We have built a world of largely straight lines – the houses we live in, the skyscrapers we work in and the streets we drive on our daily commutes....
We have built a world of largely straight lines – the houses we live in, the skyscrapers we work in and the streets we drive on our daily commutes. Yet outside our boxes, nature teams with frilly, crenellated forms, from the fluted surfaces of lettuces and fungi to the frilled skirts of sea slugs and the gorgeous undulations of corals.
These organisms are biological manifestations of what we call hyperbolic geometry, an alternative to the Euclidean geometry we learn about in school that involves lines, shapes and angles on a flat surface or plane. In hyperbolic geometry the plane is not necessarily so flat.
Yet while nature has been playing with hyperbolic forms for hundreds of millions of years, mathematicians spent hundreds of years trying to prove that such structures were impossible.
But these efforts led to a realisation that hyperbolic geometry is logically legitimate. And that, in turn, led to the revolution that produced the kind of maths now underlying general relativity, and thus the structure of the universe.
Hyperbolic geometry is radical because it violates one of the axioms of Euclidean geometry, which long stood as a model for reason itself.
The fifth and final axiom of Euclid’s system – the so-called parallel postulate – turns out not to be correct. Or at least not necessarily so. If we accept it, we get Euclidean geometry, but if we abandon it, other geometries become possible, most famously the hyperbolic variety.
Here’s how the parallel postulate works. Consider a simple question: if I have a straight line, and a point outside the line, how many straight lines can I draw through the point that never meet the original line? Euclid said the answer is one and there couldn’t be any more, which feels intuitively right.
Mathematicians, being sticklers, wanted to prove this was true, but in the end such efforts led them to see that there is a logically consistent geometric system in which the answer is infinity. We can represent the situation as follows.
This seems impossible and a first reaction is to say it’s cheating because the lines look curved. But they only look curved because we’re trying to project an image of a curved surface onto a flat plane.
It’s the same as when we’re trying to project an image of the surface of the Earth onto a flat map; the relationships get distorted. To really see countries relative to one another we have to look at a globe.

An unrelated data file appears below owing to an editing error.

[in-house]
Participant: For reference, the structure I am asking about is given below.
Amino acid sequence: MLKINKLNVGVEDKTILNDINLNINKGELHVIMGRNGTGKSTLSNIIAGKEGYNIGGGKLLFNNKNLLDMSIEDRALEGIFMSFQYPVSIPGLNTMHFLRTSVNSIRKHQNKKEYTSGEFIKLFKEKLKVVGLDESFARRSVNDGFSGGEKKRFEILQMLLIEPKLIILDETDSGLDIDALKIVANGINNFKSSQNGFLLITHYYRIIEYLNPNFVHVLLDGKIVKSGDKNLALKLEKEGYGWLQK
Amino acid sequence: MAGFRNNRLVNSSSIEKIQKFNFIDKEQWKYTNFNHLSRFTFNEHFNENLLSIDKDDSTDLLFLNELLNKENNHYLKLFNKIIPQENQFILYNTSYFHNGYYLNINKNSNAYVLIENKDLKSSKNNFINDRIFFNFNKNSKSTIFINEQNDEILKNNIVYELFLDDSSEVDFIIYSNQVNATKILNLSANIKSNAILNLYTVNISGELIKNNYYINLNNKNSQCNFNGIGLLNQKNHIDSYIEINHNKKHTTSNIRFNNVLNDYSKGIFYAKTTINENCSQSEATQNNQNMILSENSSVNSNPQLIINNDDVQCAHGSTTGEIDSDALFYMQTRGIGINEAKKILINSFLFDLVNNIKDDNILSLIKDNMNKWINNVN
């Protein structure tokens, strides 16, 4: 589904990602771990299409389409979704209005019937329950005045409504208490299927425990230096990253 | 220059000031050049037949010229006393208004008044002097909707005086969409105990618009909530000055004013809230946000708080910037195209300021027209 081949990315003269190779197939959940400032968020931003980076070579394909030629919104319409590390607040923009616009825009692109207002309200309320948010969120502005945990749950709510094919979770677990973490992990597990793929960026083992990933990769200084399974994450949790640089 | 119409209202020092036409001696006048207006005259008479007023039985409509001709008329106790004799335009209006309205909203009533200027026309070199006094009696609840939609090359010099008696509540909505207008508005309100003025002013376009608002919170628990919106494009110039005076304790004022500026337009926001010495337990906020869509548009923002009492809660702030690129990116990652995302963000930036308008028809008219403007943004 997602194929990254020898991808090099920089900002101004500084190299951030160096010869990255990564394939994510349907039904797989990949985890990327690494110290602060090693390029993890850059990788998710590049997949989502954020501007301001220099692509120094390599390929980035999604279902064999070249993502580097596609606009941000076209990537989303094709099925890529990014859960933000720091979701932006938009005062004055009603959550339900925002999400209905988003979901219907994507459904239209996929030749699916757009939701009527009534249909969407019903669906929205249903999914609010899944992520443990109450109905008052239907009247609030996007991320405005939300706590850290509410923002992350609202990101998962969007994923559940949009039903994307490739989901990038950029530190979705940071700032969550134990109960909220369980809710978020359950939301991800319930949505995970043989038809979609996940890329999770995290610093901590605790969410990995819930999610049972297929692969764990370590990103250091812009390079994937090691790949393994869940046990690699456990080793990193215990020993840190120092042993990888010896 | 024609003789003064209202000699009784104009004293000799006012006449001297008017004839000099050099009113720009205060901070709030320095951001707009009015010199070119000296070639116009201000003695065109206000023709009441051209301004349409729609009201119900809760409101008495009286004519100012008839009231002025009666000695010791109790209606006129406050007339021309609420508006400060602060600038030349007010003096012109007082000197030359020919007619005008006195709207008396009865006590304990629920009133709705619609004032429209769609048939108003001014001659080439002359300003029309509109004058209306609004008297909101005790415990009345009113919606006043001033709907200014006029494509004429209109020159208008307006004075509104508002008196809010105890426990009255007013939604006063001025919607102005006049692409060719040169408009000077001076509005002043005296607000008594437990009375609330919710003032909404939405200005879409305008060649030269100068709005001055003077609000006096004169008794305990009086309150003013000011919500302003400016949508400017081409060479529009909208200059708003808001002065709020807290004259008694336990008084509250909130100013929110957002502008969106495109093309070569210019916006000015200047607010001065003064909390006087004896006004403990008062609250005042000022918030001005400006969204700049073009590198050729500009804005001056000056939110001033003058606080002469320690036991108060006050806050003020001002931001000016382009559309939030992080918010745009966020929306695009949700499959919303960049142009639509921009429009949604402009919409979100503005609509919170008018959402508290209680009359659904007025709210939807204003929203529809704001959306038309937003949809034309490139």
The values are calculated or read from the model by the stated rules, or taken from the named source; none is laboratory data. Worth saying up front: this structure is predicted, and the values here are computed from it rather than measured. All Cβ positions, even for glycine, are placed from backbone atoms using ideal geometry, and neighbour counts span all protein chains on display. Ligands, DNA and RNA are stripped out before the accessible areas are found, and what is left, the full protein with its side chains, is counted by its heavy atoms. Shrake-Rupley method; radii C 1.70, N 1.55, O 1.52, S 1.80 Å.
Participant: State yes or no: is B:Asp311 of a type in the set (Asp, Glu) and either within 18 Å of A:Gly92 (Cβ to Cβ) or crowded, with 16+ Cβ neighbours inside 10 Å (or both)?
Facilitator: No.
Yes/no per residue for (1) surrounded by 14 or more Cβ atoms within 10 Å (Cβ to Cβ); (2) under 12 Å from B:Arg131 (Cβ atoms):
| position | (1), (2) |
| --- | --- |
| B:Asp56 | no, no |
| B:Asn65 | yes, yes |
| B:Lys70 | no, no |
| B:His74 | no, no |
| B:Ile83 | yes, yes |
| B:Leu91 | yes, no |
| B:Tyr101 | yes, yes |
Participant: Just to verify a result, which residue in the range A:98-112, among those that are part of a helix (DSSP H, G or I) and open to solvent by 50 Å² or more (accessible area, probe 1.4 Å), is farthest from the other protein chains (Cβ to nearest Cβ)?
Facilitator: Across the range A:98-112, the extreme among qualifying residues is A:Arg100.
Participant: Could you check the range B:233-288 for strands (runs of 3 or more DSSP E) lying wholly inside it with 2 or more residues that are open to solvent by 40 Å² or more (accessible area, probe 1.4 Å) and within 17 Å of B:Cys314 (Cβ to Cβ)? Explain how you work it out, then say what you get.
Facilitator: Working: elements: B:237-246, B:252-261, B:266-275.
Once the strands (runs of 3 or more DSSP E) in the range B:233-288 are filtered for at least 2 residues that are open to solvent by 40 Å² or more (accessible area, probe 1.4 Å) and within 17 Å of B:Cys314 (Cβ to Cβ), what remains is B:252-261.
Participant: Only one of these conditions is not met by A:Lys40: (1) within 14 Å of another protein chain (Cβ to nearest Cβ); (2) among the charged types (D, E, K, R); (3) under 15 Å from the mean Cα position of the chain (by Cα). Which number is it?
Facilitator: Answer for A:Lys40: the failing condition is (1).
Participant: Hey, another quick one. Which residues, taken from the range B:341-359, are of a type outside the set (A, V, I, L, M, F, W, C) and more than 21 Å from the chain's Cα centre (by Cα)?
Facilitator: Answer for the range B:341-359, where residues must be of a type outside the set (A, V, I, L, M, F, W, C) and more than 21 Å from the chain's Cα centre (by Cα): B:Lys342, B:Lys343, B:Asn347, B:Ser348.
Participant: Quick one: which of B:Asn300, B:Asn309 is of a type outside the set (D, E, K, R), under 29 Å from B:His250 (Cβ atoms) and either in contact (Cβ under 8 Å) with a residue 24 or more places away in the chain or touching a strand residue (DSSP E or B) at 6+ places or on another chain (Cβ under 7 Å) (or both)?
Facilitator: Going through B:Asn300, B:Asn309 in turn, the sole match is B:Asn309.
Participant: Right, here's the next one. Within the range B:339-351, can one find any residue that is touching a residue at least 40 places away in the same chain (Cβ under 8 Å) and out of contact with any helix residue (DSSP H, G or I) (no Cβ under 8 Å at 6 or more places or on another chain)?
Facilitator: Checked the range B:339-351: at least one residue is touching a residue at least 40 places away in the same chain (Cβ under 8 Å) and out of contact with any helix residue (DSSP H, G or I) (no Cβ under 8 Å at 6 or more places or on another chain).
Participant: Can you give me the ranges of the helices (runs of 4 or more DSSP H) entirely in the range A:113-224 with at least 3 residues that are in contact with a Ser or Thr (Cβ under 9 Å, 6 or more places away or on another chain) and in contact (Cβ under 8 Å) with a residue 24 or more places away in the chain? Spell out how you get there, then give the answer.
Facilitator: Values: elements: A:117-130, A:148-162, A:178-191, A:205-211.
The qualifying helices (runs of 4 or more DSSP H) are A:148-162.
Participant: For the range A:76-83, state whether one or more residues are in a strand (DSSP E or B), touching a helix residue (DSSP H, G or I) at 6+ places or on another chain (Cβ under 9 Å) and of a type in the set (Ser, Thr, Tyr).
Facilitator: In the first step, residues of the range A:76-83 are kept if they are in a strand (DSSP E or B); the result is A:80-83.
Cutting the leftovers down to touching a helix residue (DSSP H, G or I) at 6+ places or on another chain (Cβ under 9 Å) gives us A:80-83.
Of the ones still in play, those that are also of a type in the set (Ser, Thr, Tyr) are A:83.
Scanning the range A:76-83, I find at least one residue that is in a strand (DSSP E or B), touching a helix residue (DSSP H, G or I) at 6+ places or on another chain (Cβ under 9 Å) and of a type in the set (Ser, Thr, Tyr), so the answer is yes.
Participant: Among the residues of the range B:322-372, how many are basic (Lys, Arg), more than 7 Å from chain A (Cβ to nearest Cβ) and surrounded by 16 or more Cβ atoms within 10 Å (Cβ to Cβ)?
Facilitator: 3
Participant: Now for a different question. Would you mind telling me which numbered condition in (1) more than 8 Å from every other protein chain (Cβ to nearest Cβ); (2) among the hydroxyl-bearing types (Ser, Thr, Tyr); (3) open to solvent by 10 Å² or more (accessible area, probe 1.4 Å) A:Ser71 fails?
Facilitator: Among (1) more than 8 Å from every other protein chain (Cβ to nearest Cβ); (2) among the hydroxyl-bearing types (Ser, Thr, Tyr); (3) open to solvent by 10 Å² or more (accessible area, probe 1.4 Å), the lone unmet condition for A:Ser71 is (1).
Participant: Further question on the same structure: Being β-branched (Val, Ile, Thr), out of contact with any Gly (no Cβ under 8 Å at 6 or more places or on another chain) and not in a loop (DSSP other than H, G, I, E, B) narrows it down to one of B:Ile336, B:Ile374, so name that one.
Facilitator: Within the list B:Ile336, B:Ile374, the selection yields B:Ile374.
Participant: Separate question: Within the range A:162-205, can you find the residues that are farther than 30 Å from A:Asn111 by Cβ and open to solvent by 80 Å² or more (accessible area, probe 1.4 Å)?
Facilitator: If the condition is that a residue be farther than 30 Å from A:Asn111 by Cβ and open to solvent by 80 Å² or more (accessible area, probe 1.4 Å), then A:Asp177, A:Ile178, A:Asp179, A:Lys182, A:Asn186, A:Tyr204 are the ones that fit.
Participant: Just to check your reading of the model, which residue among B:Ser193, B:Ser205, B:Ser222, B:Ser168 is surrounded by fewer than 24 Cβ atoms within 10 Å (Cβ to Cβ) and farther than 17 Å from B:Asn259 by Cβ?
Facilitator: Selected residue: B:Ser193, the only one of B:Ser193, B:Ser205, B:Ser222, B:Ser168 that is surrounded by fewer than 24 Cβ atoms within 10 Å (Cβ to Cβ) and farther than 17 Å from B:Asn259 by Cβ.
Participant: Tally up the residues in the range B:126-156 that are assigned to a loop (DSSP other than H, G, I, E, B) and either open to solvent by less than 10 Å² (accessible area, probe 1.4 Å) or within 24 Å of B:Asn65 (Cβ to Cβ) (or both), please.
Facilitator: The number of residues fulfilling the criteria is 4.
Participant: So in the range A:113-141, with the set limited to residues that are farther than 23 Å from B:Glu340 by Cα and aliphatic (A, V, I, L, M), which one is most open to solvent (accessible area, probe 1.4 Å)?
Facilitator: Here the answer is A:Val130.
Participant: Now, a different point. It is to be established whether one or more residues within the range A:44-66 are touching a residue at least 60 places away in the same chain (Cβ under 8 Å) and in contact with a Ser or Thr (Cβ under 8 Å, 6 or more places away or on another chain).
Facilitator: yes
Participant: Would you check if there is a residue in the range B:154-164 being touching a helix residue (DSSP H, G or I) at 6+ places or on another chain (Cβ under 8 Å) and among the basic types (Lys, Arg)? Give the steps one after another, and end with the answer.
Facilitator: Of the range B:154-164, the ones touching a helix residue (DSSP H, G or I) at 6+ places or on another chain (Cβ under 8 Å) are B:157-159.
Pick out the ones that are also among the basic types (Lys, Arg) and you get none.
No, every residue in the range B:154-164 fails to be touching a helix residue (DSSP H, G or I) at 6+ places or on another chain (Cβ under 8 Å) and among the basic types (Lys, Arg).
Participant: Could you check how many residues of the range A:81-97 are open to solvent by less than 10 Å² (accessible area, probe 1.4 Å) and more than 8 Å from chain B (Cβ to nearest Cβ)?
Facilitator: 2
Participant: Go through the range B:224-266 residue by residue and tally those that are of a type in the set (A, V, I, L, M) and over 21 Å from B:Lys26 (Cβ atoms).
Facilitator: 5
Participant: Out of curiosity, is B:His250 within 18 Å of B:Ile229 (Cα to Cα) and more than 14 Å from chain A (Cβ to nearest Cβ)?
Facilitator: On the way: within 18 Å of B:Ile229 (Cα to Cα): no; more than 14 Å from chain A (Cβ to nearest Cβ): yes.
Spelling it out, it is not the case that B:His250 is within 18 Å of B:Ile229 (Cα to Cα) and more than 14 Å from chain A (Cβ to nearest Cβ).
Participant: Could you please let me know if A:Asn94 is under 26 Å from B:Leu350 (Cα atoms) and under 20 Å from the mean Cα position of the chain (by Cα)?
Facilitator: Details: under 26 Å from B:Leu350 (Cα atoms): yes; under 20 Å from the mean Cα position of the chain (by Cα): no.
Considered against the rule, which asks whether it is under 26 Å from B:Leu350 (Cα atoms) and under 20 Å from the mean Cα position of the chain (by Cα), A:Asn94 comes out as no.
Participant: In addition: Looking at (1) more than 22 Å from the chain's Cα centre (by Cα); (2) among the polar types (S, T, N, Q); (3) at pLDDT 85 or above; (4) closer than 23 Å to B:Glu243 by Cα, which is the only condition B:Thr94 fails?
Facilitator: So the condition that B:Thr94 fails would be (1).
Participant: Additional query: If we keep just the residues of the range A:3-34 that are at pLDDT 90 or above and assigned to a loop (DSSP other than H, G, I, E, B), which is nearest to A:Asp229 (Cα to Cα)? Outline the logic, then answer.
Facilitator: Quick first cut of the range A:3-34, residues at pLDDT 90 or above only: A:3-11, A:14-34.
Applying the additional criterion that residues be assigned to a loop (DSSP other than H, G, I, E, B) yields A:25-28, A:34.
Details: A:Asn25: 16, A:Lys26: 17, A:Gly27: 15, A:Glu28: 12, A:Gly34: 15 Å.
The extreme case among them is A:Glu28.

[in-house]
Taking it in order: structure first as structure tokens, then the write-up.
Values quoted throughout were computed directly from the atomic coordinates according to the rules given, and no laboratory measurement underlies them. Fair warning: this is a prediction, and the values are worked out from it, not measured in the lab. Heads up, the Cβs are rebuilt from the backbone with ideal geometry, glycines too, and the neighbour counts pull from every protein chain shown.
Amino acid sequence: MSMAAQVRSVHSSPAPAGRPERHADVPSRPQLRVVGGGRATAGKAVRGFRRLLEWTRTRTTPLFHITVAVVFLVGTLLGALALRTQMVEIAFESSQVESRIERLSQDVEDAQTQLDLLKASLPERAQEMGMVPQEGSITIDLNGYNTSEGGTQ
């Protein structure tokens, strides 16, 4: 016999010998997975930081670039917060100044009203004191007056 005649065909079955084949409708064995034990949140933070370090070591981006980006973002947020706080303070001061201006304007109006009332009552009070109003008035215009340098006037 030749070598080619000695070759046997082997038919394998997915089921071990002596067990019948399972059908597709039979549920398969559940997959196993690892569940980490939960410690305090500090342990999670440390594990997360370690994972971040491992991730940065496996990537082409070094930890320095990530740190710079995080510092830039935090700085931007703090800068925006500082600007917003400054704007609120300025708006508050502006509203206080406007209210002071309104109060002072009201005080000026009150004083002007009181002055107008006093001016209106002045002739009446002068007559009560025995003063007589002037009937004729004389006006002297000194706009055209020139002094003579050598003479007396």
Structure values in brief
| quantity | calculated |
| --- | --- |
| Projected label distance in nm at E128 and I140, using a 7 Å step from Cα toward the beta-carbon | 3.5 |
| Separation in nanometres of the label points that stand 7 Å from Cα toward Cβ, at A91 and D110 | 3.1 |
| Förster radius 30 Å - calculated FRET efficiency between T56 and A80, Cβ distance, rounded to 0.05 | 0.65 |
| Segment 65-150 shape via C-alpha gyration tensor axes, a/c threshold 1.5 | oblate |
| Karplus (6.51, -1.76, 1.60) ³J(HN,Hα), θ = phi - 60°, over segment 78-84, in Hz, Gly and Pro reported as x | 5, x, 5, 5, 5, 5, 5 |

So also with hyperbolic geometry. To really see what’s going on we have to look at the curved surface itself, and here the lines are straight.
One way of understanding different geometries is in terms of their curvature. A flat, or Euclidean plane has zero curvature. The surface of a sphere (like a beach ball) has positive curvature, and a hyperbolic plane has negative curvature. It’s a geometric analogue of a negative number.
When mathematicians discovered this aberrant geometry in the early 19th century they were nearly driven mad. “For God’s sake please give it up,” said the Hungarian mathematician Wolfgang Bolyai to his son János Bolyai, urging him abandon to work on hyperbolic geometry.
Yet critters who’d never studied non-Euclidean geometry had meanwhile just been doing it. Along with corals, many other species of reef organisms have hyperbolic forms, including sponges and kelps.
Wherever there is an advantage to maximising surface area – such as for filter feeding animals – hyperbolic shapes are an excellent solution. There are hyperbolic structures in cells, hyperbolic cacti and hyperbolic flowers, such as calla lilies. In the film Avatar, there is a fabulous CGI grove of giant hyperbolic blooms that curl up when touched.
Hyperbolic surfaces can also be built at the molecular scale from carbon atoms. These carbon nano-foams were discovered in 1997 by physicist Andrei Rode and his colleagues at the Australian National University.
That year Cornell mathematician Daina Taimina also worked out how to model such surfaces using crochet, which was a big deal because it’s actually hard for humans to construct these forms.
For the past 10 years, I’ve been spearheading a project where we use hyperbolic crochet to make woolly simulations of coral reefs. Our Crochet Coral Reefs are an artistic response to the devastation of living reefs due to global warming and have been exhibited at art galleries and science museums around the world, including the Smithsonian.
Here, a ball of wool and a crochet hook become pedagogical tools bringing mathematics out of textbooks, and taking it to people as a living tactile experience.
More than 8,000 women in a dozen countries (including Australia, the United States of America, and the United Arab Emirates) have participated in making these installations, which reside at the intersection of mathematics, marine biology, community art practice and environmentalism.
The shape of the universe
Once mathematicians realised that different geometrical spaces are possible, a question arose as to which one is realised in physical space. What is the shape of our universe?
Galileo Galilei and Isaac Newton founded modern physics on the assumption that space is Euclidean, but Albert Einstein’s equations of general relativity describe a universe that can have complex curved forms.
One of the major questions astronomers are trying to resolve, with instruments such as the Hubble Space Telescope, is what shape our universe has. While most of the large-scale evidence points to a Euclidean structure, there is some tantalising evidence that we might just live in a hyperbolic world.
Authors: The Conversation Contributor